Helping Wildlife Survive the Sixth Mass Extinction

Preserving Critical Habitats Will Help More Wildlife Survive

This morning, an article by Andrew Suggitt (How wildlife will keep cool. . . .) made me think again about refugia. Earlier, I concluded that unlike ice ages, global warming would leave no refugia in which pockets of wildlife would survive. I was picturing a pervasive atmospheric impact instead of a discontinuous physical impact by tongues of glacial ice. I was wrong. The best habitats for wildlife, the ones along streams, in deep shaded canyons, and those in areas of diverse topography will sustain more wildlife as climate changes. Preserving those habitats is an essential goal for wildlife conservation.

Rick Turley. Approaching Wind River Canyon.

Unfortunately, the best habitats for wildlife are the most desirable for humans. Worldwide, farming and home construction have destroyed the richest valley-floor habitats, and roads have filled the floors of canyons and narrow valleys. In the arid region where I live, livestock graze along rare desert streams and around lakes and marshes.

Preserving critical habitats is not a new idea. Conservation organizations have programs that identify and urge protection of important habitats. The National Audubon Society, for instance, has initiated the Climate Strongholds program that focuses on the needs of individual species. The program has strong citizen-scientist opportunities for participation. Read about it here.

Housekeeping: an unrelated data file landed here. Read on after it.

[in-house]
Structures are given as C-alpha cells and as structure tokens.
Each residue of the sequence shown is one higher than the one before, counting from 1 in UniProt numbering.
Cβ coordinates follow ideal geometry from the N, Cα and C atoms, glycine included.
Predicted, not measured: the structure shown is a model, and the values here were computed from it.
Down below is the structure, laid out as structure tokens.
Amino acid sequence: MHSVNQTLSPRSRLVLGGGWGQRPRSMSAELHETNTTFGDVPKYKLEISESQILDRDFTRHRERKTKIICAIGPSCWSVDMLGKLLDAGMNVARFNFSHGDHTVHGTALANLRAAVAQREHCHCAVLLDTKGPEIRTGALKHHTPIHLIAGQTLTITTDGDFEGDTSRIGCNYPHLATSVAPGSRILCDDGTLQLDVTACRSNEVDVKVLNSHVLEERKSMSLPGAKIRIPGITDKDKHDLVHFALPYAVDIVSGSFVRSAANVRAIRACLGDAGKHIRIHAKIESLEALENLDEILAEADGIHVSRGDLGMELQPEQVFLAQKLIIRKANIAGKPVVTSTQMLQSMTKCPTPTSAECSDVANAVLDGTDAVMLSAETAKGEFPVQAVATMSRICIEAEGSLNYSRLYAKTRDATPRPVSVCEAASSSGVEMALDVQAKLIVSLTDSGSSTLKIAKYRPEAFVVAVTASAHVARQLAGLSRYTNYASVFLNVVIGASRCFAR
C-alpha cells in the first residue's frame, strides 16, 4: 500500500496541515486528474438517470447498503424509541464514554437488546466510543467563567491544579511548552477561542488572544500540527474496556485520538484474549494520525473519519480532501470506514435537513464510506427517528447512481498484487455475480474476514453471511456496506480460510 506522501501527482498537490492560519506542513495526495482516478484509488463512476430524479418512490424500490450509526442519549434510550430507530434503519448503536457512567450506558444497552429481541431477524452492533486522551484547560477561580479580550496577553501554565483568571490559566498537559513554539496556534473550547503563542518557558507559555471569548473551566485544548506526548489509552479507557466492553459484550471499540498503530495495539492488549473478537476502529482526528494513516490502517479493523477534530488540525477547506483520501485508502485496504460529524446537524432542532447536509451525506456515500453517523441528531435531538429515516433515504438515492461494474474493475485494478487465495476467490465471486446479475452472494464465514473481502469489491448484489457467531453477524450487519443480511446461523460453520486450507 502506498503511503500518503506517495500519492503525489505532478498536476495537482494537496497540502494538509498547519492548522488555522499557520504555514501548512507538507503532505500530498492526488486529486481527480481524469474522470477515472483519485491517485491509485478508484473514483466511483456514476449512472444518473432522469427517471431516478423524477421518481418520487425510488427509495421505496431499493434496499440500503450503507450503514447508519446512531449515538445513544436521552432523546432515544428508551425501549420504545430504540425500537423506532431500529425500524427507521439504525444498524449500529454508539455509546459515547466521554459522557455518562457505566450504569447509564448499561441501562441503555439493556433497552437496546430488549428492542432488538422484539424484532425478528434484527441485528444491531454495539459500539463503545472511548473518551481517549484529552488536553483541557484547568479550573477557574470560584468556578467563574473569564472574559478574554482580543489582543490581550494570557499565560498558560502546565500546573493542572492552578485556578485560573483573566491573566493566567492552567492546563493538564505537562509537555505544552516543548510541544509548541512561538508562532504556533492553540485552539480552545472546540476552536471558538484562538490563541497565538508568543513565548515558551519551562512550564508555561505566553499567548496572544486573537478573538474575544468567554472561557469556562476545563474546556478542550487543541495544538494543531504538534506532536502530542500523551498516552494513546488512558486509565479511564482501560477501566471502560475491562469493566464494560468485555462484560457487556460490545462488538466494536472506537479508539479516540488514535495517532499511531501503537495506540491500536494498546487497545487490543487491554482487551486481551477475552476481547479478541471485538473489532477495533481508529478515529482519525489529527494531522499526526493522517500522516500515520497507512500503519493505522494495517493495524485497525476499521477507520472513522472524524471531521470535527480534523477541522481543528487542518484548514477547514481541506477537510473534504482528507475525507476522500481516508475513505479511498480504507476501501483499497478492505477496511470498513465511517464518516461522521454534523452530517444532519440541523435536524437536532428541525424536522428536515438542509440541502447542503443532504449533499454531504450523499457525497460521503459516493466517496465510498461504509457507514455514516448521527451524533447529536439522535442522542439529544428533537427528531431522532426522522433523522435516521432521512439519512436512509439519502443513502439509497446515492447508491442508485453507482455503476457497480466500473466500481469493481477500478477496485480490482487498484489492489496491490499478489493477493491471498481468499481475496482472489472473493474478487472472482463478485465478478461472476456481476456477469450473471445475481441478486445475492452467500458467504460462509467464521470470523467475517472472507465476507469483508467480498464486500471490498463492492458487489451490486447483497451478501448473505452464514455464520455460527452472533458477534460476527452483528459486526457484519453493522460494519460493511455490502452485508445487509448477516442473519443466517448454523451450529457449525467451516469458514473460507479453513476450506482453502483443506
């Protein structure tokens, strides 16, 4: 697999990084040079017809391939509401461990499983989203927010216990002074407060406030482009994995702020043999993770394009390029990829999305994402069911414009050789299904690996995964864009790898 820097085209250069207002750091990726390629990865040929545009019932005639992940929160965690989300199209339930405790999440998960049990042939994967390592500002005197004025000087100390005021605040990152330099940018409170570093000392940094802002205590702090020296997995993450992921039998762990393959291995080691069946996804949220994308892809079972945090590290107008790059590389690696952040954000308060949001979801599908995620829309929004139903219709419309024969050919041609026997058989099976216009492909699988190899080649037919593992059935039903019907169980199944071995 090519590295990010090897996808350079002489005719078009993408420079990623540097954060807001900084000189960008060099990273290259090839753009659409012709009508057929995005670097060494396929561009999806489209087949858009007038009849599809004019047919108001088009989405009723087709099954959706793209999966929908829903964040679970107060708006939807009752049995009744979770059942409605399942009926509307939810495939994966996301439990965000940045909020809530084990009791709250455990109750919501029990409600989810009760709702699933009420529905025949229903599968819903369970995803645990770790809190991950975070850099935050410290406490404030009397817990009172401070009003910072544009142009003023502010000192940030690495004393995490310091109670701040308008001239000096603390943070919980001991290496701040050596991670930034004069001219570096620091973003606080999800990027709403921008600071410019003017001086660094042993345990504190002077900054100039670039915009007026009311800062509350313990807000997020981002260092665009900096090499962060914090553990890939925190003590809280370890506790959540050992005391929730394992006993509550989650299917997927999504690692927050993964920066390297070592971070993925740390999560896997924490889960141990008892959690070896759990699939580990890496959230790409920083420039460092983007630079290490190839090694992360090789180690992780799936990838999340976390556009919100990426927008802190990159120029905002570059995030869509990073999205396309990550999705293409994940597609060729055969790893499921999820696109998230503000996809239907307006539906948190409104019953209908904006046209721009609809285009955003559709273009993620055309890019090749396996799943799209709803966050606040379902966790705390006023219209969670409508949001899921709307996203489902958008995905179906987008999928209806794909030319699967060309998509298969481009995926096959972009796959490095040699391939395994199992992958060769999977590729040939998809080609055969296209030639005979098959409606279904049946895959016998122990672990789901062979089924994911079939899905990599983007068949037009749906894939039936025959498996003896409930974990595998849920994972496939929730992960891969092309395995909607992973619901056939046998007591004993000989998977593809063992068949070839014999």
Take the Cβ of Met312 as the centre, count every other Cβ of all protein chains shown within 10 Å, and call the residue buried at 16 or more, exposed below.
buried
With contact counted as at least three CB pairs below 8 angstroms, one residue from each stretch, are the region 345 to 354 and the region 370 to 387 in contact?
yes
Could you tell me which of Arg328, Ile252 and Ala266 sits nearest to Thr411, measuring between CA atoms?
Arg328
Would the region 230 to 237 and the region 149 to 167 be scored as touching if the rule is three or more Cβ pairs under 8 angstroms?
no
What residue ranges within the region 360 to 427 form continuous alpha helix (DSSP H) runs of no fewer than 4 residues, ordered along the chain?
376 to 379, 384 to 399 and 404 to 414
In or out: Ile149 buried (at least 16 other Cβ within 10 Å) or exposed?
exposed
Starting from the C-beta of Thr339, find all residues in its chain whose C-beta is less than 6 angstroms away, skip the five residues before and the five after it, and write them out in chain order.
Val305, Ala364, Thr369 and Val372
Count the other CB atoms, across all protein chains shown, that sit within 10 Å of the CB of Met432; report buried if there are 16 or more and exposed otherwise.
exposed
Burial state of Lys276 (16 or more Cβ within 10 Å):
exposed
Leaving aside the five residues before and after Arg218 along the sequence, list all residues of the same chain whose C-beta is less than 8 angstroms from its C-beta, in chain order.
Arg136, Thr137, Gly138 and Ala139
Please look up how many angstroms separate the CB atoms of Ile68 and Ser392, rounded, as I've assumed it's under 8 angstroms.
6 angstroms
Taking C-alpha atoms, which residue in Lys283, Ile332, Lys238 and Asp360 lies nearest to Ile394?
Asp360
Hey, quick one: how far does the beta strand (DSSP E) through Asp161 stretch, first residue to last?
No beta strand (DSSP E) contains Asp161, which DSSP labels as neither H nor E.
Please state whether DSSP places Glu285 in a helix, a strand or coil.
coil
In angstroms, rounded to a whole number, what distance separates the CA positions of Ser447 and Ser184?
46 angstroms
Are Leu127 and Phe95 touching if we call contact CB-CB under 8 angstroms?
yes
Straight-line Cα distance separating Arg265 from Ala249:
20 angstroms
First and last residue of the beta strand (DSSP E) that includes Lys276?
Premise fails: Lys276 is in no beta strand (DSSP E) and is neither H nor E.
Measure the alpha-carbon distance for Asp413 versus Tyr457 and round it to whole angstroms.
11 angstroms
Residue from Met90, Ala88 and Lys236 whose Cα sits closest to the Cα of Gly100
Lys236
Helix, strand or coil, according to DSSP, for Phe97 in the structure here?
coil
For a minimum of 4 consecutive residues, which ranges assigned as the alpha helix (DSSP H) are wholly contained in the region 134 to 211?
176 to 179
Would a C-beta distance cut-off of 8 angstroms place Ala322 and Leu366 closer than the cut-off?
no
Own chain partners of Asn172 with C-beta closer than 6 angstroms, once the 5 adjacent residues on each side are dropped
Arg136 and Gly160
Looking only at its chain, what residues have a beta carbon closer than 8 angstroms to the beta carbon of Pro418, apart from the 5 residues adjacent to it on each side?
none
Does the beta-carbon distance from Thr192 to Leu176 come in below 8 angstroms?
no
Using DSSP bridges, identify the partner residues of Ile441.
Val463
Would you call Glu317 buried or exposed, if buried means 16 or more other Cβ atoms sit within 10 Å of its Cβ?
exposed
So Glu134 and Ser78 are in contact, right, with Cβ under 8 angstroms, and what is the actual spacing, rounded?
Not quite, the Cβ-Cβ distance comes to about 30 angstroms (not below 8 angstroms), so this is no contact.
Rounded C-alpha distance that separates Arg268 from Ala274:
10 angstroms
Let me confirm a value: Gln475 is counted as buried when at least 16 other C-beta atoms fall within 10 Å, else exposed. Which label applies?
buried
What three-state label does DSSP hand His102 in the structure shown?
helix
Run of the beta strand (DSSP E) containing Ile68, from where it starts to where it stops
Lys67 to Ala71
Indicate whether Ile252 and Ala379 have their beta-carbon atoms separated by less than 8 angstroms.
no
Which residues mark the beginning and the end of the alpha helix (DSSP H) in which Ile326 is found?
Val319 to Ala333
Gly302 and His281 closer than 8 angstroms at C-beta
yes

Most wildlife species will be lost over the next few decades and centuries, but it will be possible to prevent some of the losses through preservation of critical habitats. As changing weather patterns force governments to respond to the climate emergency, nature conservation advocates must work hard to explain the critical role nature plays in human survival and to convince governments to protect the best wildlife habitats.

Half for Nature

Current climate projections suggest that global carrying capacity will drastically decline over the next few centuries. Human civilization as we know and imagine it now will not survive. Once the Earth’s energy budget stabilizes, people can begin to rebuild cities and networks and evolution can begin to rebuild natural plant and animal diversity. For the immediate future of 300 – 400 years, we must advocate for the “Best” for nature. Saving Half for Nature will be important as rebuilding begins.

I hope that saving the “Best” is a practical goal. Instead of plants and animals, there may be masses of people jammed into cool mountain canyons and camping along streams. Impacts of food and fuel gathering could block wildlife and make the mass extinction worse.

3 thoughts on “Helping Wildlife Survive the Sixth Mass Extinction